This section provides information on chemical transfection methods including liposome-meditated transfection, calcium phosphate, and viral mediated delivery.
Related Topics: Instrument-Based Transfection Methods, Posttransfection Analysis of Cells, and Cell Counting Methods.
The following table summarizes how common lipid and viral methods work.
Viral Transfection workflow.
The protocol involves mixing DNA with calcium chloride, adding the mixture in a controlled manner to a buffered saline/phosphate solution, and allowing the mixture to incubate at room temperature.
This step generates a precipitate that is dispersed onto the cultured cells. The precipitate is taken up by the cells via endocytosis or phagocytosis.
Intercalation of Ca++ ions.
Solution A: DNA in calcium solution Solution B: 2x Hanks buffered saline solution
Cationic polymers differ from cationic lipids in that they do not contain a hydrophobic moiety and are completely soluble in water. Given their polymeric nature, cationic polymers can be synthesized in different lengths, with different geometry (linear versus branched). The most striking difference between cationic lipids and cationic polymers is the ability of the cationic polymers to more efficiently condense DNA.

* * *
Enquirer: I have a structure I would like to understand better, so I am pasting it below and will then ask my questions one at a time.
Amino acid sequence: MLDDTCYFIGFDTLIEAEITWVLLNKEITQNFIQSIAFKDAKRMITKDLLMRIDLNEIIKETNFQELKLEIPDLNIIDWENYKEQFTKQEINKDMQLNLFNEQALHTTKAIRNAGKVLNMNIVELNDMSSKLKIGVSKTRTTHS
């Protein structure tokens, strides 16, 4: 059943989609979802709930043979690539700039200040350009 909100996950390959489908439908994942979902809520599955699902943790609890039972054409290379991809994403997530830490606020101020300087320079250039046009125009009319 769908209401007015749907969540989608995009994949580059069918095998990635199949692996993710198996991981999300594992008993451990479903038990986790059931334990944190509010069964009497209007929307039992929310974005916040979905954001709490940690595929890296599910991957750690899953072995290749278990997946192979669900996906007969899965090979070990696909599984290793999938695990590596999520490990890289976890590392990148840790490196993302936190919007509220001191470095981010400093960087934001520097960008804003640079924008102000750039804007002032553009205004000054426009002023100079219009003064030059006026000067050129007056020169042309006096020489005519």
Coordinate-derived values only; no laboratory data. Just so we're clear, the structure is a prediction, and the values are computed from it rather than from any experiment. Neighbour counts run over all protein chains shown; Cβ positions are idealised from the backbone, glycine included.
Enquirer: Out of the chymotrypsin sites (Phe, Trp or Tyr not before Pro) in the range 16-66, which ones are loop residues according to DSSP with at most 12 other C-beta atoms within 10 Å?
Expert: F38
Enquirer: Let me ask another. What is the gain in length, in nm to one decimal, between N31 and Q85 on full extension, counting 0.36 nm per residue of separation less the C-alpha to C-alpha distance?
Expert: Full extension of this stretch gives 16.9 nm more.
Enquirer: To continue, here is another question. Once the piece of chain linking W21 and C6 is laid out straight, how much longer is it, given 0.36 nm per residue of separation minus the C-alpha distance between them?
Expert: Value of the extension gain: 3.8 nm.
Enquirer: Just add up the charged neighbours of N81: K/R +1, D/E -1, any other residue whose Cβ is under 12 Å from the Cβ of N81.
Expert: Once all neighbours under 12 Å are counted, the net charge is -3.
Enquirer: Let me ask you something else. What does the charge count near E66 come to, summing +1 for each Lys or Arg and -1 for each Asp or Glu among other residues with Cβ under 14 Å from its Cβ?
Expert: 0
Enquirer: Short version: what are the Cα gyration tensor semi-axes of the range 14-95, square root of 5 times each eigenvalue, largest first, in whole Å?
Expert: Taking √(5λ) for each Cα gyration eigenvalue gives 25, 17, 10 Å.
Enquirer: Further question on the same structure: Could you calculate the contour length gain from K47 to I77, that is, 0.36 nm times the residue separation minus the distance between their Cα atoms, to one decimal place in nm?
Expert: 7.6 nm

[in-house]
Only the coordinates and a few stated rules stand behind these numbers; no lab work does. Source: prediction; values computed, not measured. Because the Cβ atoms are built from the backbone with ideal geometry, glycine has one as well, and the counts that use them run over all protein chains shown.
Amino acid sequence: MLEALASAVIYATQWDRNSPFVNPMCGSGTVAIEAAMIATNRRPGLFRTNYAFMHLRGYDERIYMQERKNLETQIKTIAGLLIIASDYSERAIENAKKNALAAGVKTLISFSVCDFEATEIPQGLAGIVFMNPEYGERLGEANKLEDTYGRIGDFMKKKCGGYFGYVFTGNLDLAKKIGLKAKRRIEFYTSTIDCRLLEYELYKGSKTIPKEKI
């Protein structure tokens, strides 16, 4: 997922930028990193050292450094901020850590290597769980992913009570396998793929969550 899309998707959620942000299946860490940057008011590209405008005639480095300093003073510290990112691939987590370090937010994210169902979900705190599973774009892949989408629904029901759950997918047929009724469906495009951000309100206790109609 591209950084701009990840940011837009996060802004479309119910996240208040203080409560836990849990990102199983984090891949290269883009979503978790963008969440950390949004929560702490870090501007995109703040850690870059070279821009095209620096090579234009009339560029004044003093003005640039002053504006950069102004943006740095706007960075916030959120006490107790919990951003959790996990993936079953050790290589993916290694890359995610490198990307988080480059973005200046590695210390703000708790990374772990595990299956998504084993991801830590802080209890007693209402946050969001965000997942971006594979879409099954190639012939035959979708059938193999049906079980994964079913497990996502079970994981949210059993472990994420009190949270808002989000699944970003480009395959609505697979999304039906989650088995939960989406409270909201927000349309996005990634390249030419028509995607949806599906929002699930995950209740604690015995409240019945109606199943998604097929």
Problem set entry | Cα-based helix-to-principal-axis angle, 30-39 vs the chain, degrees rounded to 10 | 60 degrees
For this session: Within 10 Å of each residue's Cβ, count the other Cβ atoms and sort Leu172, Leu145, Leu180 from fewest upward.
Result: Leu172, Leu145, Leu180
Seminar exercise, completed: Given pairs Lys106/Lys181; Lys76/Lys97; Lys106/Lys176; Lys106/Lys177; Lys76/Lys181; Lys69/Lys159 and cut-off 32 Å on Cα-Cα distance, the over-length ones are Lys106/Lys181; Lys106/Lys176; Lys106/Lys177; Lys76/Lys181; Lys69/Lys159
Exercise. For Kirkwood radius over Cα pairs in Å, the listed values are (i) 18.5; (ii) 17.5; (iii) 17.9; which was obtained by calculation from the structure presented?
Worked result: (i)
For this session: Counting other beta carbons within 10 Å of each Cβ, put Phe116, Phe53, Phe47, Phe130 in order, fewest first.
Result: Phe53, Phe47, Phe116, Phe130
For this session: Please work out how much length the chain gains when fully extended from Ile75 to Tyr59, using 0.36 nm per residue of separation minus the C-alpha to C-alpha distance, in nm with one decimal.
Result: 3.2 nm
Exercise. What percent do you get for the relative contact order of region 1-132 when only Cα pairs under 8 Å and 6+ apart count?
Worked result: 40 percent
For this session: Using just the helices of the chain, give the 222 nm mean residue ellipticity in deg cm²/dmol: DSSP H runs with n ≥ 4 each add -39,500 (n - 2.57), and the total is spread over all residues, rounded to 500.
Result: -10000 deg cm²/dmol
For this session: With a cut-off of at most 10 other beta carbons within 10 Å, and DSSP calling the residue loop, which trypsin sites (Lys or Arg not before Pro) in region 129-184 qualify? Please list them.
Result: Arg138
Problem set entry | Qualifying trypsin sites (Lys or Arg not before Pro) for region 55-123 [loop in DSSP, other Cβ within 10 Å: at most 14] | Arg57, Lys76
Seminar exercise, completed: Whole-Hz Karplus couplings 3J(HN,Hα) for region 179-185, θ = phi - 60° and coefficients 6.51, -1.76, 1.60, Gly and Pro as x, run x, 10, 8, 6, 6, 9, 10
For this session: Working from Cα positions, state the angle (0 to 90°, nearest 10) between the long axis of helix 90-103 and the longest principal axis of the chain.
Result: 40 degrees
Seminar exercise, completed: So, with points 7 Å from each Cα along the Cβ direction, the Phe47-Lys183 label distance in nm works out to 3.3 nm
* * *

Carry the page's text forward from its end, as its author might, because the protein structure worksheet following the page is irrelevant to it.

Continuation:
There are three general types of cationic polymers used in tranfections:
Cationic polymers include polyethyleneimine (PEI) and dendrimers.
DEAE-dextran is a cationic polymer that tightly associates with negatively charged nucleic acids. The positively charged DNA:polymer complex comes into close association with the negatively charged cell membrane. DNA:polymer complex uptake into the cell is presumed to occur via endocytosis.
Solution A: DNA (~1–5 µg/ml) diluted into 2 ml of growth medium with serum containing chloroquine Solution B: DEAE-dextran solution (~50–500 ug/ml) Solution C: ~5 ml of DMSO Solution D: Complete growth medium
Positively charged amino groups (termini) on the surface of the dendrimer molecule interact with the negatively charged phosphate groups of the DNA molecule to form a DNA-dendrimer complex.
The DNA-dendrimer complex has an overall positive net charge and can bind to negatively charged surface molecules on the membrane of eukaryotic cells. Complexes bound to the cell surface are taken into the cell by nonspecific endocytosis. Once inside the cell, the complexes are transported to the endosomes.
Magnet-mediated transfection uses magnetic force to deliver nucleic acids into target cells. Therefore, nucleic acids are first associated with magnetic nanoparticles. Then, application of magnetic force drives the nucleic acid-particle complexes towards and into the target cells, where the cargo is released.
The transfection protocol online library contains protocols obtained from the literature, developed by Bio-Rad scientists, or submitted by scientists like you. Browse protocols to view our library and find your starting point or submit a protocol by clicking the proper technology.
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